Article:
Sonny Bill Williams and Kieran Foran have been identified internally as two of several Kiwis players under investigation for allegedly taking sleeping pills and energy drinks at the 2013 Rugby League World Cup.
Sources within the team have said the experienced duo were two of the players singled out at a players-only meeting after the quarter-final against Scotland. There were at least five Kiwis players involved across the tournament and, in the meeting before the semifinal, some were "named and shamed" over use of sleeping pills and energy drinks and told it must stop. The Herald on Sunday is still confirming the identity of others.
Mixing sleeping pills with energy drinks is not illegal; the combination of the stimulant of the energy drinks and the sleeping pills can produce a sensation not unlike recreational drugs but does not fall foul of drug laws.
The Herald on Sunday reported last month that during the World Cup there were concerns about some individuals, with players confronted because of their appearance and asked if they had been drinking; some players looked 'dozy and half asleep' at the wrong time of the day.
Williams and Foran, who both played in the NRL 2013 Grand Final, were room-mates for part of the World Cup. They have been mainstays of the Kiwis and play with great heart - Williams was clearly the best player in the semifinal. Both are model trainers and Foran was outstanding when given the captain's armband at short notice in last year's Anzac test.
The circumstances of the tour are part of an ongoing review by the New Zealand Rugby League.
NZRL CEO Phil Holden, when asked about the identity of the players, said: "We are not going to be confirming or naming players. There is nothing to be gained and we can't. I have made it very clear that this is not a linear issue; it is very complex, privacy laws are involved, employment laws and contractual obligations between us, the players and the organisation."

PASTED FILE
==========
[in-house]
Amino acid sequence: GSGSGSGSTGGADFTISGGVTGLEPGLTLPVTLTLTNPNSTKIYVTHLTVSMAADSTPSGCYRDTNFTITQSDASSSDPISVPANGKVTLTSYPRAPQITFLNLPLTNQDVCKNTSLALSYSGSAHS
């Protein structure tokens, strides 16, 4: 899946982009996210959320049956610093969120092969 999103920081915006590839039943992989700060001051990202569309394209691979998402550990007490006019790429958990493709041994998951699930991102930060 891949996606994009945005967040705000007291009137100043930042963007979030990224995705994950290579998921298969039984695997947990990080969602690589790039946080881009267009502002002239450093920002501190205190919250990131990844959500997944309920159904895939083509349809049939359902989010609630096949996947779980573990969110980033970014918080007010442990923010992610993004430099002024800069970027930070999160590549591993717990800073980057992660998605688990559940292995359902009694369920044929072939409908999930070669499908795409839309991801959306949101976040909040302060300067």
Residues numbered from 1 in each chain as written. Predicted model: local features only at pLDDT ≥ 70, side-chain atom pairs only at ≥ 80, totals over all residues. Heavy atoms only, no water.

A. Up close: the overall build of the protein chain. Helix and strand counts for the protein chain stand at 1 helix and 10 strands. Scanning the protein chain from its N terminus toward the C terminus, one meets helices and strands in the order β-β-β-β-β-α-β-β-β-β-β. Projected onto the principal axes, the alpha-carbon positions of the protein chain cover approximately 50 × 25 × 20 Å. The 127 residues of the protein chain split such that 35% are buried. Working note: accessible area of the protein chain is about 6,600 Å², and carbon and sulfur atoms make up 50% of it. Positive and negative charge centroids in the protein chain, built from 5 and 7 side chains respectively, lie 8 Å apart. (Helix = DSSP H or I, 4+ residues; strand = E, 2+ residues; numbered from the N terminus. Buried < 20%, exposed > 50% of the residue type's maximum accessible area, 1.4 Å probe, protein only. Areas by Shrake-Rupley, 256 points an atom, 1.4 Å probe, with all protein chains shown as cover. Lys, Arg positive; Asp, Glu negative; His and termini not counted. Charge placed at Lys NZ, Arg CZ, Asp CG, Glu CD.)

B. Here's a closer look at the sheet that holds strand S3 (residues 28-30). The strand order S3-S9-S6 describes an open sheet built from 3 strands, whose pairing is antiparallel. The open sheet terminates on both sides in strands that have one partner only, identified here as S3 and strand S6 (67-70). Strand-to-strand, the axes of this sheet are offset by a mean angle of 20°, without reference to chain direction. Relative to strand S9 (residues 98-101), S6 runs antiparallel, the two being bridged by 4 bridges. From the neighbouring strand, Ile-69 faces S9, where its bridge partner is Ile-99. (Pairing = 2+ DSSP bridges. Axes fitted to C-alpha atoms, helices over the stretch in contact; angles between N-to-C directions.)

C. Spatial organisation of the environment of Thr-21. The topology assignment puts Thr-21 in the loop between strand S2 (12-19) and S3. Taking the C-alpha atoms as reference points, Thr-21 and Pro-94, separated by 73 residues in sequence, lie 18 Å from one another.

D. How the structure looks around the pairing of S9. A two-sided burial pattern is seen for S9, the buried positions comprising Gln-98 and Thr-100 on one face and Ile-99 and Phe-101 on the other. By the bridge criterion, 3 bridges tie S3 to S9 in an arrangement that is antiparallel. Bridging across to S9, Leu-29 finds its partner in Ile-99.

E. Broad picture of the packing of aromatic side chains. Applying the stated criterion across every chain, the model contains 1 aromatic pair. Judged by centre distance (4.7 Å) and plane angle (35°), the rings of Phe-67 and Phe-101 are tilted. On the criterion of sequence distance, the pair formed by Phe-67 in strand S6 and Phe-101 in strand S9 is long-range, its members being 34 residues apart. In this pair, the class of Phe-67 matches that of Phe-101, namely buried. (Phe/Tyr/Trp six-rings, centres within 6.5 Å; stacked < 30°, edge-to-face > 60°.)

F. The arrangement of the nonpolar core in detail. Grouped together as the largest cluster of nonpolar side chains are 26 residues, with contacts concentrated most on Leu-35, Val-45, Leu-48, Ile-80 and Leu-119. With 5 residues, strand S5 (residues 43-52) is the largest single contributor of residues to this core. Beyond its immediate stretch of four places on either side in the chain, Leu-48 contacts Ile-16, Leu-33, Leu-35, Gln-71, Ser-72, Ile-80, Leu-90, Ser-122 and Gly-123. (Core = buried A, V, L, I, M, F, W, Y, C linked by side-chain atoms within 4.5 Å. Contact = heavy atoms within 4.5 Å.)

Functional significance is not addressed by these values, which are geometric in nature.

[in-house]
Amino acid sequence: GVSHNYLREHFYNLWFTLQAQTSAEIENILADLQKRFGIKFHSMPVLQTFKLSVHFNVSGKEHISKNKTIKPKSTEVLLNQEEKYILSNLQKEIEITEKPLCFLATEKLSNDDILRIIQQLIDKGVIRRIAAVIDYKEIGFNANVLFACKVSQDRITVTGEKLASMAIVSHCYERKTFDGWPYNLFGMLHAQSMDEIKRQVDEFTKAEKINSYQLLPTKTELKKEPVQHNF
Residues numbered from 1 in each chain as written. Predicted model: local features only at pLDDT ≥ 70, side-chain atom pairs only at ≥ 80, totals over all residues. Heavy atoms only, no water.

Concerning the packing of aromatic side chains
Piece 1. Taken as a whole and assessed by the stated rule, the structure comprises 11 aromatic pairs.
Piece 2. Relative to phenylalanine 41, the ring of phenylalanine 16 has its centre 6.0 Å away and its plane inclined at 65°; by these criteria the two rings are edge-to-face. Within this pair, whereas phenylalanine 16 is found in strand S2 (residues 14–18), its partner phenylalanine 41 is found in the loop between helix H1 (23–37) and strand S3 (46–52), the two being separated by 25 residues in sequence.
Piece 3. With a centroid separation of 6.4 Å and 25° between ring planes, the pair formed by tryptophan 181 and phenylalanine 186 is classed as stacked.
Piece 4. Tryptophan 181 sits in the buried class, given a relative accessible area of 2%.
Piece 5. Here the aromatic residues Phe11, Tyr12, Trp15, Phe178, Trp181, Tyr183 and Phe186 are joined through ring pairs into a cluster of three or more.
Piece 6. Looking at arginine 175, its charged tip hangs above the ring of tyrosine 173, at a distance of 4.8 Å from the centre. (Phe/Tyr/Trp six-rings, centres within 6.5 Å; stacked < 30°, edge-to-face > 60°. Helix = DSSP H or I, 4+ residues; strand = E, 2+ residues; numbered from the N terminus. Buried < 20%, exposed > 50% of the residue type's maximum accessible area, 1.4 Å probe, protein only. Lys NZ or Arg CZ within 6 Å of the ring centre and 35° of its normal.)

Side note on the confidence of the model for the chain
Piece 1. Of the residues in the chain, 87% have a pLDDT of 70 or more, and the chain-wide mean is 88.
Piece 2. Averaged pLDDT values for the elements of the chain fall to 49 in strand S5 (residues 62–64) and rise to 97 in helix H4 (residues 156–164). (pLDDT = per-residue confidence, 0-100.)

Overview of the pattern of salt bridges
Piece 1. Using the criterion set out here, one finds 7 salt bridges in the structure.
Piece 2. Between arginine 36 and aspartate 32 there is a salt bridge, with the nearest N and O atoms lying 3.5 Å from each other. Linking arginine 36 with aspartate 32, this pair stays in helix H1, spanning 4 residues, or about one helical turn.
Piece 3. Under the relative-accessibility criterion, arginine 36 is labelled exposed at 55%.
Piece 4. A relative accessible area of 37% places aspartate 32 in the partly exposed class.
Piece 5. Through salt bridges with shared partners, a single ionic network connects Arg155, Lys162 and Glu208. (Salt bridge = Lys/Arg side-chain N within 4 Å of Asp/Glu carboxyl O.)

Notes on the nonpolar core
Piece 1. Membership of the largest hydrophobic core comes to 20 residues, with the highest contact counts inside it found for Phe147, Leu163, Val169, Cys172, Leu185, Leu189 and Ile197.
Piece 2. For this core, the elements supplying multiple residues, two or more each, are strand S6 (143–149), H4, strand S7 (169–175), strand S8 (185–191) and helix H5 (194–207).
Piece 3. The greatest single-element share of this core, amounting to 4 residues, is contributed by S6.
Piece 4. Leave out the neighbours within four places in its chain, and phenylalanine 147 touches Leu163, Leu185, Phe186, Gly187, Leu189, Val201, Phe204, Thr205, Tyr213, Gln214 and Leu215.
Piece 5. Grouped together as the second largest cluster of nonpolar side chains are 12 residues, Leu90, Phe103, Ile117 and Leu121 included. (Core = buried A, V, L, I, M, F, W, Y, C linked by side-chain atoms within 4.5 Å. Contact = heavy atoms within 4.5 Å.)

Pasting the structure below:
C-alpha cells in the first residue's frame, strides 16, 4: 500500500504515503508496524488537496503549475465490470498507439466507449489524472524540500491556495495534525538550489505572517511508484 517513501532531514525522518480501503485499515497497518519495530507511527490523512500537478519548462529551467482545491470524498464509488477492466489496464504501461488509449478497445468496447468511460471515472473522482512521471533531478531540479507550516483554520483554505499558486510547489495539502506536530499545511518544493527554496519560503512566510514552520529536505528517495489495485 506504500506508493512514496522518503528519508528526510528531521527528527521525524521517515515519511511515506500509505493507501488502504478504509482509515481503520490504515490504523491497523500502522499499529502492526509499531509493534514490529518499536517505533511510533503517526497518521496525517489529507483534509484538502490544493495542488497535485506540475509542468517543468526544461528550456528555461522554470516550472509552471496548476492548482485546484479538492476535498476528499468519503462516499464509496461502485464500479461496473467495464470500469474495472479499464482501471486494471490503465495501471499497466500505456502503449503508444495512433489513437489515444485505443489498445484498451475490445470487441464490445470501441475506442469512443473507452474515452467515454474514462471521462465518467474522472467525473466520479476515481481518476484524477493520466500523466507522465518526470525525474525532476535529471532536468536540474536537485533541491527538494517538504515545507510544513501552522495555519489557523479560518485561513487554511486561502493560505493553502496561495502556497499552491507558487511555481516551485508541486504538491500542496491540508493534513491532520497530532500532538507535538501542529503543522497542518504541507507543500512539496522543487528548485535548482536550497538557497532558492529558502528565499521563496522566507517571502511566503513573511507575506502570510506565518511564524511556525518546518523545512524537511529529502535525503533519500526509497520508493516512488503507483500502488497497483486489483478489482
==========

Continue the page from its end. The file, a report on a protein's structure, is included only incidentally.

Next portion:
"At the heart of it, it is not illegal and that makes it really difficult moving forward from there," added Holden. "When we get down to it, we are looking at what we can do around education, what we can do in terms of their contracts with us, what we can do in terms of testing for example, what we can do in terms of their obligations to us and reinforcing our code of conduct. It is not just a rugby league issue ... it is a societal challenge in many forms.
"We are the focal point right now but I am conscious it is a broader issue."
The NZRL has been in discussion with Drug Free Sport New Zealand to see what testing options are available in the future and have been working closely with the NRL.
"The NRL has been positive," says Holden. "They are looking at establishing a taskforce to look at their own policies and processes in this space so I think that is a positive outcome. We can't do much without their support [and] it might be included in an NRL code of conduct."
There are urine tests available to test for the presence of sleeping pills in the system but time is needed to process results, meaning detection would normally occur after the fact.
"I didn't think [rugby league] players were that dumb," said former Kiwis coach Graham Lowe in regard to the pills inquiry. "It can't be excused - it has brought the game into disrepute and didn't represent the Kiwis image that I knew. They [any players who have transgressed with sleeping pills and energy drinks] should have the book thrown at them.
"There can be no excuses. It brings everything undone; you can't afford to compromise the high standards, integrity and respect of the game."
Williams' manager Khoder Nasser and Kieran Foran did not respond to interview requests.